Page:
Muscle Contraction Tension Headache Clinical Presentation

Updated: Dec 28, 2015
  • Author: Manish K Singh, MD; Chief Editor: Tarakad S Ramachandran, MBBS, MBA, MPH, FAAN, FACP, FAHA, FRCP, FRCPC, FRS, LRCP, MRCP, MRCS  more...
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Presentation

History

Tension-type headaches (TTHs) are characterized by pain that is usually mild or moderate in severity and bilateral in distribution. Unilateral pain may be experienced by 10-20% of patients. Headache is a constant, tight, pressing, or bandlike sensation in the frontal, temporal, occipital, or parietal area (with frontal and temporal regions most common).

  • Ulrich et al reported that 82% of TTHs last less than 24 hours. [3]
  • The deep steady ache differs from the typical throbbing quality of migraine headache.
    • Prodrome and aura are absent.
    • Occasionally, the headache may be throbbing or unilateral, but most patients do not report photophobia, sonophobia, or nausea, which commonly are associated with migraine.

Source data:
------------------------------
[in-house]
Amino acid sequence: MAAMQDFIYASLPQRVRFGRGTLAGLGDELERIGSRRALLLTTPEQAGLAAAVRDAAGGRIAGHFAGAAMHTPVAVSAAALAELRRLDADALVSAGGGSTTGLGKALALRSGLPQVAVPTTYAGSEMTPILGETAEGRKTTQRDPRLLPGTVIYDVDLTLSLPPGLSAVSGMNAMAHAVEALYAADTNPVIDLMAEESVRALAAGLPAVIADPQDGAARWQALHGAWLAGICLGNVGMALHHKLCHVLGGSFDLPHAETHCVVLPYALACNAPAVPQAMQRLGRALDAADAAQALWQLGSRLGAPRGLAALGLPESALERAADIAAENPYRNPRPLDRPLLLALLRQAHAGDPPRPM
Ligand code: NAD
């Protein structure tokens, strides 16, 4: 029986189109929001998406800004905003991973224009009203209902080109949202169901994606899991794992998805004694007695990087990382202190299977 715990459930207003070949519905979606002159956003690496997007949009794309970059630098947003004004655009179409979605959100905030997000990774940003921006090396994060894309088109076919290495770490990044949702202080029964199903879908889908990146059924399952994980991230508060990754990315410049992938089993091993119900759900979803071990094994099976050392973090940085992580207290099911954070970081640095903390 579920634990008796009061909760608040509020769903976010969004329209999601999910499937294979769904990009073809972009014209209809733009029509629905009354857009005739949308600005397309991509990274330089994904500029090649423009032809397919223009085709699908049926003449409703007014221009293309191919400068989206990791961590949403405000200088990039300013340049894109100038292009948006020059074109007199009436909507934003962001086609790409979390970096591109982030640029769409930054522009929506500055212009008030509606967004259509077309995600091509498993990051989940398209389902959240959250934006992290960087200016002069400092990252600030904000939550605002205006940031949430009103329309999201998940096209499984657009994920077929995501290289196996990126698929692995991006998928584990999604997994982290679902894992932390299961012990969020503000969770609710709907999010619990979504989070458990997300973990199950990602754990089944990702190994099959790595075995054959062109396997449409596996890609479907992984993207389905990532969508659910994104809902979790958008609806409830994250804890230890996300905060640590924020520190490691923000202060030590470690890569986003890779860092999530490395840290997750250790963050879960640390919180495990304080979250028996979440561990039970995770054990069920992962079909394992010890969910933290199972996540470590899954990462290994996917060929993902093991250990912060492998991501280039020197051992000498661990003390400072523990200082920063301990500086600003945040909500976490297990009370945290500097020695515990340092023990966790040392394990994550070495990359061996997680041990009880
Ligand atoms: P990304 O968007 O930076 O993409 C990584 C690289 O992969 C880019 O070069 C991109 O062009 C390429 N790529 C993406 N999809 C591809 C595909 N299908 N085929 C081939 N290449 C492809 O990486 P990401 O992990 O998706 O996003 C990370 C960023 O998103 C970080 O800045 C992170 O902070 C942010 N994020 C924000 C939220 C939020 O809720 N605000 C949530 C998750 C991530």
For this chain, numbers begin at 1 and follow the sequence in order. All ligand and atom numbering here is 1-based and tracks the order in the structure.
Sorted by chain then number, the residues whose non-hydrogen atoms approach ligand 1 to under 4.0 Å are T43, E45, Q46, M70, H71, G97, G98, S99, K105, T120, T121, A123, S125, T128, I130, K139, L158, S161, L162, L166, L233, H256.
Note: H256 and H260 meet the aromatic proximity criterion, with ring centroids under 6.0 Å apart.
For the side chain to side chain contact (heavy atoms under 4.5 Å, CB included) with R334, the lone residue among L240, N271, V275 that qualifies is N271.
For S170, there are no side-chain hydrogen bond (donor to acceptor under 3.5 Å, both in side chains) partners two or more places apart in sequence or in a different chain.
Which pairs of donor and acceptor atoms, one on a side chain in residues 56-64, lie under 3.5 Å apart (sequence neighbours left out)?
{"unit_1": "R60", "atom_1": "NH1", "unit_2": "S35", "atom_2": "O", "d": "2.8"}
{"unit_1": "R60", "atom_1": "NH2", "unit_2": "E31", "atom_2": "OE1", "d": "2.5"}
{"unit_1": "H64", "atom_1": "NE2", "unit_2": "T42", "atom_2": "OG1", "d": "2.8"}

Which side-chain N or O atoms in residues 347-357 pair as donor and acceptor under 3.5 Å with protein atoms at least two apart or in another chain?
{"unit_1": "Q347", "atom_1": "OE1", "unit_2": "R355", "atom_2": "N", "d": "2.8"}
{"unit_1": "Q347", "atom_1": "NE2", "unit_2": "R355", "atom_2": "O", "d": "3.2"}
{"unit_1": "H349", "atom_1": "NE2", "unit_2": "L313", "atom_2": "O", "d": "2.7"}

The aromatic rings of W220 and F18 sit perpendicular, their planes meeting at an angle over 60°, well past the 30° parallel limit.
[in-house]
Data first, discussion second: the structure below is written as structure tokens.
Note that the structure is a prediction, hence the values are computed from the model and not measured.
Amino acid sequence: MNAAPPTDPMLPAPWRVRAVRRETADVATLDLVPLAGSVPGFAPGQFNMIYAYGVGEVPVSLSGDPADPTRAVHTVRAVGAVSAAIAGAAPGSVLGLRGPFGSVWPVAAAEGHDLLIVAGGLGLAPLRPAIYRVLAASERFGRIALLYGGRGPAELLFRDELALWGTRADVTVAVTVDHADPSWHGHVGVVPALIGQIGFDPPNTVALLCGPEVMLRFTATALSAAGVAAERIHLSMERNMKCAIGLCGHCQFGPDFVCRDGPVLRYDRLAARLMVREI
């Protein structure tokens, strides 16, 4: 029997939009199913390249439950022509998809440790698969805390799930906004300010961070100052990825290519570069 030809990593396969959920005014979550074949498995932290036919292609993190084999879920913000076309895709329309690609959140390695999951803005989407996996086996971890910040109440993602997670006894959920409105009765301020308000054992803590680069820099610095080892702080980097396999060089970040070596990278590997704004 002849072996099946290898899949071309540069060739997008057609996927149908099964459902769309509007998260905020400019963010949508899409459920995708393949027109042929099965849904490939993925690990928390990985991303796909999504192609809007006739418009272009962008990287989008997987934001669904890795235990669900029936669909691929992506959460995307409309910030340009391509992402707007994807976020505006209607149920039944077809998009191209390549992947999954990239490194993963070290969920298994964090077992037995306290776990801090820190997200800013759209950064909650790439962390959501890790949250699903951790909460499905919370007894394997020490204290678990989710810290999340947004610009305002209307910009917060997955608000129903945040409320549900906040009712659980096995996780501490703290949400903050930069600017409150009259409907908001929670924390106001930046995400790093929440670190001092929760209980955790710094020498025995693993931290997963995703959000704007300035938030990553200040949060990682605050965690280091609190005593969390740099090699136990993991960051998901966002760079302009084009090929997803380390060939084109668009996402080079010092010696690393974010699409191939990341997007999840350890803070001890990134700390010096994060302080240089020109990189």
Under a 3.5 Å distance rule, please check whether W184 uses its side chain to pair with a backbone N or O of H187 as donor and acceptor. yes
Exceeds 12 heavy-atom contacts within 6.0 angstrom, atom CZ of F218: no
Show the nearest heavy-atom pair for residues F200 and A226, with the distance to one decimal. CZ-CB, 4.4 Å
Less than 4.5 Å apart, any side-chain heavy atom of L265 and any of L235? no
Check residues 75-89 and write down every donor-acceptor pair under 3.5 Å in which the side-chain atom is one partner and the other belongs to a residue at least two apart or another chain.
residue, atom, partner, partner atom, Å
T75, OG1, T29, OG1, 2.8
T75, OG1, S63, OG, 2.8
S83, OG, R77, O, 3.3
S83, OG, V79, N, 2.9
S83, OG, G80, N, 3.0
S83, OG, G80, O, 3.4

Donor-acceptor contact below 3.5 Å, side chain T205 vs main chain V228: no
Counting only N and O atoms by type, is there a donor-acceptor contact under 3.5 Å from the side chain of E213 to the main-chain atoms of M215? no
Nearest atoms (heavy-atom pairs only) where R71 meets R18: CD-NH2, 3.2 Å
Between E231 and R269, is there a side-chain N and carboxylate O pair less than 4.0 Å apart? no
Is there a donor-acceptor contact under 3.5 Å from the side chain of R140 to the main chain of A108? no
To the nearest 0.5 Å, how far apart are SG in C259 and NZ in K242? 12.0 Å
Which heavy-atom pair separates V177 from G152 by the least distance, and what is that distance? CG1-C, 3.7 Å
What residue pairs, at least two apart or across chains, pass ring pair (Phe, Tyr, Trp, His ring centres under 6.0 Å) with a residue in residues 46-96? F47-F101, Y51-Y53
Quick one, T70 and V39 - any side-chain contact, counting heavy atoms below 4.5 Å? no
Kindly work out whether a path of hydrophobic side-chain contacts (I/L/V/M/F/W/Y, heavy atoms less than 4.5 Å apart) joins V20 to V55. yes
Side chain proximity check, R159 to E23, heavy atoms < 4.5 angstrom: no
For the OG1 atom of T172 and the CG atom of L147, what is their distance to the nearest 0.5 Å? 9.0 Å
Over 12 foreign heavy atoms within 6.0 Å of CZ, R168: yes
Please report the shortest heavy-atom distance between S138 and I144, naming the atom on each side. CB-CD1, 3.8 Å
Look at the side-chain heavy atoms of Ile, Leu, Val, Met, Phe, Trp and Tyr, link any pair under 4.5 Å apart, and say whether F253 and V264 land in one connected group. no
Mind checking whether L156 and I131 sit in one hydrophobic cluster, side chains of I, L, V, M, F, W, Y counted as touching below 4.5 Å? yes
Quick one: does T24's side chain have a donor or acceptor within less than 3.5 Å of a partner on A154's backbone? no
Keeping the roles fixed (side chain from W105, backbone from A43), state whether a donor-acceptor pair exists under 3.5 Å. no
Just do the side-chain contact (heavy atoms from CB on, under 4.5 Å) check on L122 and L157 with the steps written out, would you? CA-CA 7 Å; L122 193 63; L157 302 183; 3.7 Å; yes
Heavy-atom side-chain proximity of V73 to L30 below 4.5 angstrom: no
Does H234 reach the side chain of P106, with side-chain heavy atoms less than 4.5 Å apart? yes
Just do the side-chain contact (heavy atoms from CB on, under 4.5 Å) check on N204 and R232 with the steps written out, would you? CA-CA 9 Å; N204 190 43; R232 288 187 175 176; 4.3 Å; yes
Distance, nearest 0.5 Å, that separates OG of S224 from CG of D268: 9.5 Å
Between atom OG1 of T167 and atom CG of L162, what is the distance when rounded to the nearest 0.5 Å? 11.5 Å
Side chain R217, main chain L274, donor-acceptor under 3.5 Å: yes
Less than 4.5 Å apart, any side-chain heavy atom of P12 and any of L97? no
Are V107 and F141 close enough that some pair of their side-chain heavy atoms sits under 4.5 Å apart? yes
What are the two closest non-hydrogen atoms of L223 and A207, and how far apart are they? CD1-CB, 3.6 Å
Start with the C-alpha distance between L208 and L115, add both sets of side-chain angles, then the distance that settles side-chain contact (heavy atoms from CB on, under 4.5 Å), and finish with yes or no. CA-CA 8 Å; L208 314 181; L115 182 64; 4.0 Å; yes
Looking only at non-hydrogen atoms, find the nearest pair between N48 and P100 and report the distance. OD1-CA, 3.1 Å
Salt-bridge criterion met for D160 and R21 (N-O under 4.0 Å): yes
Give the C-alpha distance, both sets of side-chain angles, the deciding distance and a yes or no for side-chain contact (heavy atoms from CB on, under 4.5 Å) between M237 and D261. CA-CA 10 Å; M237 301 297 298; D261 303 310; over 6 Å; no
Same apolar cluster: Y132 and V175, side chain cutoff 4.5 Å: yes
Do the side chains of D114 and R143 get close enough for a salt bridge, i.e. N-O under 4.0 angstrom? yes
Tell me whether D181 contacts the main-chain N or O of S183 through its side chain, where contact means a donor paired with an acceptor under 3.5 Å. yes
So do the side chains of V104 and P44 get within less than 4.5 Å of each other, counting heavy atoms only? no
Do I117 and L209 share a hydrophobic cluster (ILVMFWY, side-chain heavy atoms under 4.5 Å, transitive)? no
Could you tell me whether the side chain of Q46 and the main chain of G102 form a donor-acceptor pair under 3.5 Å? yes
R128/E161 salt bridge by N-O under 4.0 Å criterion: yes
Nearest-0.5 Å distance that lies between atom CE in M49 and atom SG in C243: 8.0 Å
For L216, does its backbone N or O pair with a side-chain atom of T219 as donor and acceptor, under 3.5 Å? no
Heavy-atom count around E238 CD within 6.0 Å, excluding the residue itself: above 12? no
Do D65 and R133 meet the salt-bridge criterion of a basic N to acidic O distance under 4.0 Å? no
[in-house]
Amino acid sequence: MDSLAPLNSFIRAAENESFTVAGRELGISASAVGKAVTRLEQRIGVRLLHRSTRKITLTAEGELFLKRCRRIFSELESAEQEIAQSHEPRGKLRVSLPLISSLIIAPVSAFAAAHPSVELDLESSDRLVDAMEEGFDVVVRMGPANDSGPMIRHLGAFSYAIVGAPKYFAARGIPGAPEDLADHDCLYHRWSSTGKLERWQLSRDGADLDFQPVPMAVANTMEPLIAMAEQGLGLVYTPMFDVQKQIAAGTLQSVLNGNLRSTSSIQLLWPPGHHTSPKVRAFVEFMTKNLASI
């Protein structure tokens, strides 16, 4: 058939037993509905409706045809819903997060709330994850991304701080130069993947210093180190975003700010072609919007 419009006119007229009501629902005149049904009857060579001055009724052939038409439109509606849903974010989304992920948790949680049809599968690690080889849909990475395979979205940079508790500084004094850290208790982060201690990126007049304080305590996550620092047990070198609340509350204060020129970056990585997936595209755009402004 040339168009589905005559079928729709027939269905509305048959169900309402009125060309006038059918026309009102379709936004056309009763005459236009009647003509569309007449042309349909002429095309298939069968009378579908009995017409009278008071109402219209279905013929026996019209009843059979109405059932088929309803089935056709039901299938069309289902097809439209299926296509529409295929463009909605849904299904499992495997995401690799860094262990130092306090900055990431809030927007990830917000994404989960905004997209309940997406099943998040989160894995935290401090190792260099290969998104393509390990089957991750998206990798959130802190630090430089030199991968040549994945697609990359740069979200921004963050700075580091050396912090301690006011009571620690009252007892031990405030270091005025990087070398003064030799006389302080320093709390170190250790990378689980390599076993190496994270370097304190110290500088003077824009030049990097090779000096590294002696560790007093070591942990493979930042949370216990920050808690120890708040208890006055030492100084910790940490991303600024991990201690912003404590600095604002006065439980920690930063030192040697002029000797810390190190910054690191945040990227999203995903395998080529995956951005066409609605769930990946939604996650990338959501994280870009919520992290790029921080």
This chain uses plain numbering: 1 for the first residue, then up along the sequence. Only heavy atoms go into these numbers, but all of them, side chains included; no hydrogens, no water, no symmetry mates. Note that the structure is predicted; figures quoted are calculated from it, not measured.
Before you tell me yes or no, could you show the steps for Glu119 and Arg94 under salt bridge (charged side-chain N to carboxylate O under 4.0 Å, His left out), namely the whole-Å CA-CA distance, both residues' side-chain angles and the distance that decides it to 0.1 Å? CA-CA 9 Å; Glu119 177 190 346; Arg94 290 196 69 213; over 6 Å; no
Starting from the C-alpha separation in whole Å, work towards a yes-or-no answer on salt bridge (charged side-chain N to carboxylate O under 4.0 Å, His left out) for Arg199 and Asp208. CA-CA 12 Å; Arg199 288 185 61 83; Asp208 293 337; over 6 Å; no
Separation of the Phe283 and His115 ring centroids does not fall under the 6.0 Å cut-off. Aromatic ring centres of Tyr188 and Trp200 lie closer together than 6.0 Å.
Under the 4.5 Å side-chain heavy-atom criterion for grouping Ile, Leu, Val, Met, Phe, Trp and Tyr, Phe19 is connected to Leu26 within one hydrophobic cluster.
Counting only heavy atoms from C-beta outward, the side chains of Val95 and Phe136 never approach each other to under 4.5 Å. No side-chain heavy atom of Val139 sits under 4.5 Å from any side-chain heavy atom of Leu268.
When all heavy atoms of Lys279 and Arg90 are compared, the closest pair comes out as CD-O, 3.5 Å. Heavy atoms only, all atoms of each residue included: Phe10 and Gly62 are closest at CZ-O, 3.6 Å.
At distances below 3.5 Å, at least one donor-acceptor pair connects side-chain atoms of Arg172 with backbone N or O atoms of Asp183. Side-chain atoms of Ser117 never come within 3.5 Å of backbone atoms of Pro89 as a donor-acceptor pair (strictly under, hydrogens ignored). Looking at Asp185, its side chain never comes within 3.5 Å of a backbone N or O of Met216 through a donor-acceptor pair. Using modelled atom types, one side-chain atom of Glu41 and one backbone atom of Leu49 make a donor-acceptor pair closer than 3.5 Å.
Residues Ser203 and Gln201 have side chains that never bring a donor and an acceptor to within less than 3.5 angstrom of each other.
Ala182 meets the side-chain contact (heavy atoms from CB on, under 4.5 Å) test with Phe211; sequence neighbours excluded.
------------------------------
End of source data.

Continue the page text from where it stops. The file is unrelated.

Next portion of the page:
• Some patients may have neck, jaw, or temporomandibular joint discomfort.
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Physical

See the list below:

  • Patients with TTH have normal findings on general and neurologic examinations.
  • Some patients may have tender spots or taut bands in the pericranial or cervical muscles (trigger points).
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Causes

Various precipitating factors may cause TTH in susceptible individuals. One half of patients with TTH identify stress or hunger as a precipitating factor.

  • Stress - Usually occurs in the afternoon after long stressful work hours
  • Sleep deprivation
  • Uncomfortable stressful position and/or bad posture
  • Irregular meal time (hunger)
  • Eyestrain
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